Again. The shade of a smile came across his face, fleetingly, almost nothing. But I saw it. Yes, I did. I asked him again if he knew Milena.

“You want to meet the young lady, don’t you?”

My heart jumped. Then I thought that not letting the conversation die out mattered more than anything else. I quickly said “yes” and asked him if he could help me.

“Bring me a chocolate, will you?”

A chocolate. What did he mean by that? What would make me find the young woman in the same way had I found my pen? I didn’t want to risk losing the opportunity so I ran up to a newsstand where I bought a small bar of chocolate and brought it to him.

“You really like chocolate, don’t you, Pepeo?”

He was still putting the bar in the inside pocket of his jacket when he looked at me and… smiled! He actually smiled. Well, it was a brief smile, just for a second and obscured by his rigid mouth, but he certainly smiled. And he said:

“It’s not for me, it’s for the little creatures. You may go now. Go.”

“Where, Pepeo?”

“Come on, go.”

He seemed to be in a hurry. But I didn’t know what to do.

“Go, go,” he insisted, pushing me gently. I looked at him and I really didn’t know what to do. Should I go back to Fortaleza? Would I find Milena there?

“Go now.”

All I could do was comply. I crossed the street and looked at him, and he kept signaling that I should go, go, go…

Suddenly, a woman materialized right in my path, almost running into me. We both stopped, startled.

“I can’t believe it…” she said, surprised. “Edson?!”

“Milena?” I mumbled, even more surprised than she was.

“Are you lost here in Quixadá?”

“I… ahnn…”

I was absolutely confused to the bone. Had that meeting been arranged by Pepeo? No, it wasn’t possible, it couldn’t be. But how could it not be? Of course it was, it had to be. It had to be. I quickly turned around towards the square, but Pepeo wasn’t there anymore.

“I… am taking care of things.”

Milena was different, no longer the girl I remembered, obviously. But she was still beautiful.

“What a coincidence, Edson. I never come this way. But today, God knows why, I chose to.”

We were staring at each other among the people passing by, not knowing what to say. She finally broke the silence and asked if I was alone.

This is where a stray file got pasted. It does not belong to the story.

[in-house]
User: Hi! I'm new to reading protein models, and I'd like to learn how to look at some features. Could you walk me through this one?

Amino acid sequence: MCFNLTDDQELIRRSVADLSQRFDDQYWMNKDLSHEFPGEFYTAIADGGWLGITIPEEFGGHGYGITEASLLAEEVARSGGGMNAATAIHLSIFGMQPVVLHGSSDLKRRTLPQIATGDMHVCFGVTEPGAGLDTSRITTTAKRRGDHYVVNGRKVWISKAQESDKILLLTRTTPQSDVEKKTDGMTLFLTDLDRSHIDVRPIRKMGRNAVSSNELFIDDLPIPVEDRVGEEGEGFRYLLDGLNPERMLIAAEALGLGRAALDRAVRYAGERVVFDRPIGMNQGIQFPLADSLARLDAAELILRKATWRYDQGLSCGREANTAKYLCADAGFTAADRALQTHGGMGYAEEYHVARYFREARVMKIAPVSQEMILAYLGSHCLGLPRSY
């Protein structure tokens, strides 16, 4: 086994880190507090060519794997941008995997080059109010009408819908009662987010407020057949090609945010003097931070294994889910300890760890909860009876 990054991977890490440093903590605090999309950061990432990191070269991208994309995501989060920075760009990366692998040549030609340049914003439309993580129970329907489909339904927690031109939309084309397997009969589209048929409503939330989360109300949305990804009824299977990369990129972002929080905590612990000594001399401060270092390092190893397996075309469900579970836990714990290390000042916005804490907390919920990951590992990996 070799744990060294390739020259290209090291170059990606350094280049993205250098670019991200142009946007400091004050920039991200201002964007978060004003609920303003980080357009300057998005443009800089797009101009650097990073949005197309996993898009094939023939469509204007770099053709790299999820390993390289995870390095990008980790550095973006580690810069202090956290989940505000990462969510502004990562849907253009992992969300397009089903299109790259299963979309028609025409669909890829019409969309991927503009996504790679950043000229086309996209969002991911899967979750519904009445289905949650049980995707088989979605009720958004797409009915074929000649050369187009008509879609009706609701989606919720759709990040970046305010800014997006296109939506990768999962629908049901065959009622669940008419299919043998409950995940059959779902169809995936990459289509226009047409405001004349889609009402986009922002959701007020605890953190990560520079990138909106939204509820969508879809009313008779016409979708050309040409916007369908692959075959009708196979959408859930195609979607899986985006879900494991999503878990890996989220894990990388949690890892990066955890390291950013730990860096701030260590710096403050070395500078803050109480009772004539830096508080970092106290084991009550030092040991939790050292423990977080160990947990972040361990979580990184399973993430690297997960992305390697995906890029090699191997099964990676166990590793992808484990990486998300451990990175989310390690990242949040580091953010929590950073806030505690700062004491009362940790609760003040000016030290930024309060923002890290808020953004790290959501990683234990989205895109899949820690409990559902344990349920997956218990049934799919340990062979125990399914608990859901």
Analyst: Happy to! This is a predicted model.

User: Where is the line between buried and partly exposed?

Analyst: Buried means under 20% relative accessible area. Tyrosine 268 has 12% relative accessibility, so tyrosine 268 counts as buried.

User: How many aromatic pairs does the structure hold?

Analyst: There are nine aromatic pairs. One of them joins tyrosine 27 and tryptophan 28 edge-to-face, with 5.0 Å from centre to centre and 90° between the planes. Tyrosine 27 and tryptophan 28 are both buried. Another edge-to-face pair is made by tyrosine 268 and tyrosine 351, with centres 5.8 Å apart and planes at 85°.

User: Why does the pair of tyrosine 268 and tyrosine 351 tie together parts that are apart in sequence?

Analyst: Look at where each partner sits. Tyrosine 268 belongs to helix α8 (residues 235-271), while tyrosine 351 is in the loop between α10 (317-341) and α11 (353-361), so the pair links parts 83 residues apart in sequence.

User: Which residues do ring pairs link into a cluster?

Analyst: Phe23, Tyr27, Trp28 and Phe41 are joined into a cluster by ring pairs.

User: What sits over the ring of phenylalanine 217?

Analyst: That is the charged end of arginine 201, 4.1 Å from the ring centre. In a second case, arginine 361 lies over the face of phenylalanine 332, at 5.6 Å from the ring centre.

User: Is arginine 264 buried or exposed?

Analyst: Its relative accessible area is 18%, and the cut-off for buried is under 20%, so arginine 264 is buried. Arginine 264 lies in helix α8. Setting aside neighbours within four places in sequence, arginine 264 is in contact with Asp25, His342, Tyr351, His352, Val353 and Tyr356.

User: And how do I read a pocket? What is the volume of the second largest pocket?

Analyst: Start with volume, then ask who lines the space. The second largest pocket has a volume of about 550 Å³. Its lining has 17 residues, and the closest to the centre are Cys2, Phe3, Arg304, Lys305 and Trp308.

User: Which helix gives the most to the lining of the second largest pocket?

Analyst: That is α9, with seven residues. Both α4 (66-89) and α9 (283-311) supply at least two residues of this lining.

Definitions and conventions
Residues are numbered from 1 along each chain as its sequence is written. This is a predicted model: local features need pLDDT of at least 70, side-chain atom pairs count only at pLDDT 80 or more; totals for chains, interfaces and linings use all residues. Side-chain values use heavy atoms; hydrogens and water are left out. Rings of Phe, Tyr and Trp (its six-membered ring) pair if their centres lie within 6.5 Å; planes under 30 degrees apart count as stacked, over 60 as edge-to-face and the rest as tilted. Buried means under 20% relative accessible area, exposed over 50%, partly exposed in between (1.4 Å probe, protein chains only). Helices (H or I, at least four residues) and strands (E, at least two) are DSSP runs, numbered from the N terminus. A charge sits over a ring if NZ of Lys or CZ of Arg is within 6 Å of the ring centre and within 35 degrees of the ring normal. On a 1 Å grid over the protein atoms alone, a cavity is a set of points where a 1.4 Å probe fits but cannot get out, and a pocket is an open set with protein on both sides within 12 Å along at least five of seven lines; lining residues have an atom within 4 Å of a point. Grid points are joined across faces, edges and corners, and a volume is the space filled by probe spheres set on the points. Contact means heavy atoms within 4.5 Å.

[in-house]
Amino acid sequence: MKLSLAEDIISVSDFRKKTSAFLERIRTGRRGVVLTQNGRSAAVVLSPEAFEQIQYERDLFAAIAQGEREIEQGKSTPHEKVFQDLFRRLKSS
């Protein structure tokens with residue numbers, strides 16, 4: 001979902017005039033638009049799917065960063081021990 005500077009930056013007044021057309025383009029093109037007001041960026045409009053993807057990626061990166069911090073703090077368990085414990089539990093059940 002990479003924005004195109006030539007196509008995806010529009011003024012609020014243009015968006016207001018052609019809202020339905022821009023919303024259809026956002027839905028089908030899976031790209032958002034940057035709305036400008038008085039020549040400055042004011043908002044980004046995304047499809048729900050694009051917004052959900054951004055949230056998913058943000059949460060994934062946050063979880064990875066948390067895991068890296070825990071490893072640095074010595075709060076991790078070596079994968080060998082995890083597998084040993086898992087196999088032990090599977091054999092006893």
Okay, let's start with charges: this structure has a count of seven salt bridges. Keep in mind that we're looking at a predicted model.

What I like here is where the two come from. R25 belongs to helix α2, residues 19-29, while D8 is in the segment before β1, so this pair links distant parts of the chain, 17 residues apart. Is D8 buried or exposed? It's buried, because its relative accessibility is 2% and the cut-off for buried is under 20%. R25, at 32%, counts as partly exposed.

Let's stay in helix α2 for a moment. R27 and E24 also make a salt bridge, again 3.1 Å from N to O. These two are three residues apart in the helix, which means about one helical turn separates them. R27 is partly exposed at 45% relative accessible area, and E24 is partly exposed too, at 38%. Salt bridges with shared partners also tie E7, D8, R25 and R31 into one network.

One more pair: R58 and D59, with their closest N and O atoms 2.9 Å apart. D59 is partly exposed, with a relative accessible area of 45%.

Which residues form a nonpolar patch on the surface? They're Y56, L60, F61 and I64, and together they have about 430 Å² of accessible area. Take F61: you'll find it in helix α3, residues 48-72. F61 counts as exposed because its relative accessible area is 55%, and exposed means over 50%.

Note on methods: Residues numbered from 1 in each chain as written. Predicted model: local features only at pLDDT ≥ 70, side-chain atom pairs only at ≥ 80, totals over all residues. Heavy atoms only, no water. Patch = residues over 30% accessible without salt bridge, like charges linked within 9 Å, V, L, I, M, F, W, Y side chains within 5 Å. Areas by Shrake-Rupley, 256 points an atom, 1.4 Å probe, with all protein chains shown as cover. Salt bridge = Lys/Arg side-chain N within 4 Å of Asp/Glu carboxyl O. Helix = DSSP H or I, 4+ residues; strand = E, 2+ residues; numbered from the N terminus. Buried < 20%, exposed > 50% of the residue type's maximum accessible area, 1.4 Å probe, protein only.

“Me? Yes, I am.”

“Do you want to go out tonight? There is this new bar, it’s quite nice.”

She gave me her telephone number, pecked me on the face and resumed her path. I crossed the street and saw Pepeo on his way home. I ran up to him.

“You made us run into each other, didn’t you?”

He didn’t answer. He didn’t even look at me.

“Please, Pepeo,” I begged. “I need to know.”

Nothing. He remained silent, walking slowly. I stood there on the sidewalk, my heart pounding like a pile driver, almost giving me a stroke. The color gradient in the afternoon sky heralded the sunset, when the afternoon makes way for the evening. A breeze blew and caused goosebumps on my arm.

Later at the bar, I wanted to tell Milena what had happened. But I thought I had better not. How could I tell her that an old nutjob had pulled some strings in the afterworld to make us run into each other on that street in return for a chocolate? How could I explain what I had felt, all the confusion in my head? How could I tell her that another world had been brought back, the magical world of my childhood?

I thought I should stop thinking about that all the time so I talked about many things and we laughed a lot about the old times, reminiscing our dating when we were teens. She told me about her failed marriage and I told her about my life in Fortaleza. She asked me if I was single and I confirmed it. Closing the evening, I dropped her home and we shared a long kiss. A very sweet kiss in fact, which reminded me of an old, cherished feeling: Milena in my arms, we both sitting on the bench in her house garden, promising each other all the stars in the vast sky of Quixadá.

On that night, it took me a long time to sleep. I was absolutely torn. Part of me was ardently willing to believe that Pepeo really had magical powers, that maybe there was more about the world than meets the eye, that maybe there were things beyond common comprehension. Maybe the lunatics had answers. Maybe it was time I looked for them elsewhere than in the cold numbers of financial reports.